I don't know why I'm looking for sense at VD's blog, though.

Yeah, please don't copy stuff from there to sane Internet. You can assume that everyone who comments there are well aware of how deeply damaged that guy is, and somehow thinks that's ok, so the odds that anyone there would say anything worth reading are pretty much zero.
posted by effbot at 8:14 AM on May 25, 2015 [3 favorites]


From effbot's link: There are other revenue streams: Audio isn’t covered in this deal, for example. Neither are foreign language sales, or film/TV.

You heard it here first: cstross is a banana!
posted by rtha at 8:17 AM on May 25, 2015 [16 favorites]


Congratulations jscalzi!
posted by tofu_crouton at 8:19 AM on May 25, 2015


Oh, very cool. Stability is definitely not to be sneezed at--and stability with a very decent amount of money is better yet.

Also: it is entirely thanks to MetaFilter (and jscalzi's interactions on this site...um, hi) that when I found myself in Powell's the other month looking for Sharon Shinn's new series and found the John Scalzi section on the way, I picked up Old Man's War.
posted by librarylis at 8:38 AM on May 25, 2015


If one of the best-known authors in science fiction can only command $260k per book from the biggest science fiction publisher, then conventional publishing does not appear to be long for this world.

I'm not sure conventional publishing is as profitable as in the past, but a competent and talented person being paid enough to educate his children and retire well is not going to trouble me for its meagerness. I think success does not really require that one become able to buy a small town.
posted by amtho at 8:39 AM on May 25, 2015 [1 favorite]


When Kirkus Reviews stars your book as "classic crowd-pleasing Scalzi ... Delightful, compulsively readable, and even somewhat nutritious brain candy" and you announce a decade-spanning multi-million dollar book deal in the same week, you know you're doing pretty okay. Congratulations, jscalzi!
posted by RedOrGreen at 8:42 AM on May 25, 2015


I am thoroughly delighted for Scalzi. I love the Old Man's War books sincerely, and for me they stand up for rereading. And I also love Whatever and appreciate all the work he does do promoting other author's work, both when he was working for the SFWA and on his blog. One of my friends published her first book last year (Monica Byrne, The Girl in the Road, you should read it! It's great!), and Scalzi blurbed it, and had her write a Big Idea post on his blog, and mentioned it as a novel to consider for Hugo nominations. I really just think that's something, that he does do all that, when not a lot of folks of his profile do.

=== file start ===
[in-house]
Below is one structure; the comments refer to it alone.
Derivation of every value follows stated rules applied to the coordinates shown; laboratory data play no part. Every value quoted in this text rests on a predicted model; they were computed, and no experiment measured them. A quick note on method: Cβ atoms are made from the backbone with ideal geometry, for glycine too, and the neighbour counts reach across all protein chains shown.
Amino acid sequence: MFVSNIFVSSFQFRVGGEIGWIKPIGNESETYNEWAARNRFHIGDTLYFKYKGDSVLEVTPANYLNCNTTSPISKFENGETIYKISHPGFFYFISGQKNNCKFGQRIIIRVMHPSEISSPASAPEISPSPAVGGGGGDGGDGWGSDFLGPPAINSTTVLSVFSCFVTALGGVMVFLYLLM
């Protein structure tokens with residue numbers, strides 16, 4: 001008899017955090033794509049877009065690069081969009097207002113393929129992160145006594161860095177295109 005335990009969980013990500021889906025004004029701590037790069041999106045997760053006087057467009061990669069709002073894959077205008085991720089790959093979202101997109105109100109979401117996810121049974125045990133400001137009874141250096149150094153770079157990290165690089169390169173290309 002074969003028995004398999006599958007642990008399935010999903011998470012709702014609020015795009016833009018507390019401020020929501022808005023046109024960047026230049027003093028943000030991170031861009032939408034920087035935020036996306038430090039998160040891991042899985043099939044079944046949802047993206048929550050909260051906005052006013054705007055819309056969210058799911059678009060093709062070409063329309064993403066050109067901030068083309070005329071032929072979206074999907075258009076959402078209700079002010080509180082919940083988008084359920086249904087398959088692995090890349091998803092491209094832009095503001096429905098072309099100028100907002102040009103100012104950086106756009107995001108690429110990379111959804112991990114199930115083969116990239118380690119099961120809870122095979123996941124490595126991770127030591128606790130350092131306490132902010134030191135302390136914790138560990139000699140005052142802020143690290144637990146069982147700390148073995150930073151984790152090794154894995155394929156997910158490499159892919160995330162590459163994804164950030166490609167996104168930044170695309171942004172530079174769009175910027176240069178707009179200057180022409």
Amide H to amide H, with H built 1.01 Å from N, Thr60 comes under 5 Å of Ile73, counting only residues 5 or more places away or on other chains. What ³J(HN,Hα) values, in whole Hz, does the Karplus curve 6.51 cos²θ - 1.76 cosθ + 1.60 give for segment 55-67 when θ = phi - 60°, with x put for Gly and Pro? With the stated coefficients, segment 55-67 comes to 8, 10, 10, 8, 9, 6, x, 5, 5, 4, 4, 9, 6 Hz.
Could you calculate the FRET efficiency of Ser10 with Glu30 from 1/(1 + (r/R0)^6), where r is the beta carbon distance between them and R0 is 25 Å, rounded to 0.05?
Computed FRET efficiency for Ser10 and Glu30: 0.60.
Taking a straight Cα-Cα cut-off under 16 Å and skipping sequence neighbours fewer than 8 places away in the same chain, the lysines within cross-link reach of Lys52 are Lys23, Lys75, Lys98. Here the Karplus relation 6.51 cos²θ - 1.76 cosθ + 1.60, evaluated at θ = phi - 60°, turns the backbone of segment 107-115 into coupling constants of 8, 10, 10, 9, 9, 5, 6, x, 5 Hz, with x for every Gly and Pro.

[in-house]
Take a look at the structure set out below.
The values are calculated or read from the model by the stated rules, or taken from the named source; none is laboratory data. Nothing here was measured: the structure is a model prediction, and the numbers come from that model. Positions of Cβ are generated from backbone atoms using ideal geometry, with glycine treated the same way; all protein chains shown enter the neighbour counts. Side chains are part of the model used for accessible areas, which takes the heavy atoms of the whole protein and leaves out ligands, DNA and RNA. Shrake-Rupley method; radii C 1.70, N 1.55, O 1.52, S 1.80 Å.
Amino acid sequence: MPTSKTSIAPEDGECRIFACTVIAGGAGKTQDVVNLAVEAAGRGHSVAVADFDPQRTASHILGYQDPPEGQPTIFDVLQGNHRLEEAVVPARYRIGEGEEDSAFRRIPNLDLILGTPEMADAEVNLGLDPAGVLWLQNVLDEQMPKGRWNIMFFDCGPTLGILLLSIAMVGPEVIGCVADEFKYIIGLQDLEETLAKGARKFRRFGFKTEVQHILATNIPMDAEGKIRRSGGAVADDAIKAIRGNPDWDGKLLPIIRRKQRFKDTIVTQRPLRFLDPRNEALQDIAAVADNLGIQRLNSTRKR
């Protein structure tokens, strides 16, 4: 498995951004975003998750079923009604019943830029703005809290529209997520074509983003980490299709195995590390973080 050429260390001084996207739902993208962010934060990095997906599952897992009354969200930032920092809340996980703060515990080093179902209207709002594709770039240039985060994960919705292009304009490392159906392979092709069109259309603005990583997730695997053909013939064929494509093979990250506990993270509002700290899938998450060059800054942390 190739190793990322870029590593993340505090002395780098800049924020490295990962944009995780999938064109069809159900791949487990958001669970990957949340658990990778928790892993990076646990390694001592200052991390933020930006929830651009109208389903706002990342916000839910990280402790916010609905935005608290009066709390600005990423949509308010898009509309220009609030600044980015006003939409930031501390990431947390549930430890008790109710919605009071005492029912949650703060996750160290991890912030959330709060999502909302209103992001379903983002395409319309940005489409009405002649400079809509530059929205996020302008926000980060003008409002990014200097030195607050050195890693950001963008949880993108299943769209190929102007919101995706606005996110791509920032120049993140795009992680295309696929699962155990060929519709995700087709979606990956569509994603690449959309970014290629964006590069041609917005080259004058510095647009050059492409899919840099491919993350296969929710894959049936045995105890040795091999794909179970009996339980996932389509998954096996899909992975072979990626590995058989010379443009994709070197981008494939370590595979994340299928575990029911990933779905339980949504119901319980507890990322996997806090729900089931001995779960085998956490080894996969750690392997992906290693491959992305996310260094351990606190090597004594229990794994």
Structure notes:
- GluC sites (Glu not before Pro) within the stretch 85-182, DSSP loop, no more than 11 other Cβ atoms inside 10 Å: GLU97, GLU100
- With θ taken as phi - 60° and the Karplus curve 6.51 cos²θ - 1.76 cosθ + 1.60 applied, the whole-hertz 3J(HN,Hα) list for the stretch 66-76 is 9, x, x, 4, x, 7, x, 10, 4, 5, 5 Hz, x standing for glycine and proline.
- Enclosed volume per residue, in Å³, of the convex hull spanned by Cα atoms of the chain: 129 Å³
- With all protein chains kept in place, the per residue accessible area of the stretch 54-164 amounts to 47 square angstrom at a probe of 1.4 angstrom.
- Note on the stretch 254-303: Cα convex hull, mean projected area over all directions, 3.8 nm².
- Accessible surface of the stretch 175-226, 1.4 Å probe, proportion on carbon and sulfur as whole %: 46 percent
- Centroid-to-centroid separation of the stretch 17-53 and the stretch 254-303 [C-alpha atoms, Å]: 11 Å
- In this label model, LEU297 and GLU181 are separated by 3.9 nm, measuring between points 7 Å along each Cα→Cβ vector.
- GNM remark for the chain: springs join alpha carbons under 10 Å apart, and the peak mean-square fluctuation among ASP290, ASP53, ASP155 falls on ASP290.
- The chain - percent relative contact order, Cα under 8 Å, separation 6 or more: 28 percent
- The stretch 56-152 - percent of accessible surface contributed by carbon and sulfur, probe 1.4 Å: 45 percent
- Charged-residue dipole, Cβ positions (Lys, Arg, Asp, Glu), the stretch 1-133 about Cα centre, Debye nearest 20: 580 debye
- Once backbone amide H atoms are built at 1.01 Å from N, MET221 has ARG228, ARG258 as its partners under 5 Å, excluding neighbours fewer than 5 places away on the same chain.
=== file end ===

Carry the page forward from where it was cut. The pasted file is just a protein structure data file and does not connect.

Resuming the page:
posted by hydropsyche at 8:52 AM on May 25, 2015 [6 favorites]


A nice-to-see aspect of Scalzi's blog is that he quite frequently gives space over to talking about other people's books. Either the "big idea" section where an author starts a discussion of their latest, or the ARCs where there's just a pile of books and he lets people rave about what they're happy to see. This doesn't seem to be limited in any way to his friends or people he personally is huge fans of.

It admittedly doesn't cost him much, but always struck me as a generous gesture.
posted by mark k at 8:53 AM on May 25, 2015 [7 favorites]


I love the Old Man's War books sincerely, and for me they stand up for rereading.

They're light and fun with a kind of Heinlein-ey voice but without all that... baggage.
posted by ROU_Xenophobe at 9:18 AM on May 25, 2015 [5 favorites]


Starship Troopers -> The Forever War -> Armor -> OMW.

I'll take the $400 box in the future warriors books worth reading category, Alex.
posted by bonehead at 9:22 AM on May 25, 2015 [1 favorite]


Don't know if the lesson still applies but Scalzi hooked me early by giving his stuff away for free. Stross too. They are both firmly in the "shut up and take my money" club. Oh, and Watts.
posted by whuppy at 9:32 AM on May 25, 2015 [2 favorites]


As a small, niche publisher I am resolute in my happiness when I see good people getting good deals from major publishers! Congratulations are in order!
posted by bitter-girl.com at 9:45 AM on May 25, 2015


it always kind bums me out when the person who's made to be a primary hero fighting against reactionary misogynists is male.

To be fair, this is not so much Scalzi's fault as that of his enemies, who seem obsessed by him and lack the worldview to be able to imagine that other people might be interested in social justice without needing a white man to lead them.
posted by MartinWisse at 9:56 AM on May 25, 2015 [2 favorites]


The deal will be joint accounted or again, I'm a banana.

You're, again, a banana.
posted by We had a deal, Kyle at 9:59 AM on May 25, 2015 [4 favorites]


I was a banana long before it was popular.

Good on you, John.
posted by mule98J at 10:13 AM on May 25, 2015


* A sequel to Lock In, the title of which I shall now reveal exclusively here — Yes! I am giving myself an exclusive! — as: Head On;

jscalzi, if you don't slip "apply directly to the forehead" somewhere in that novel, I will -
um.
Be very disappointed in you.
posted by Lemurrhea at 10:17 AM on May 25, 2015 [7 favorites]


Since so many writers get a generous promotional boost on his blog, Whatever, I think a rising tide of eyeballs could help lift a lot of boats.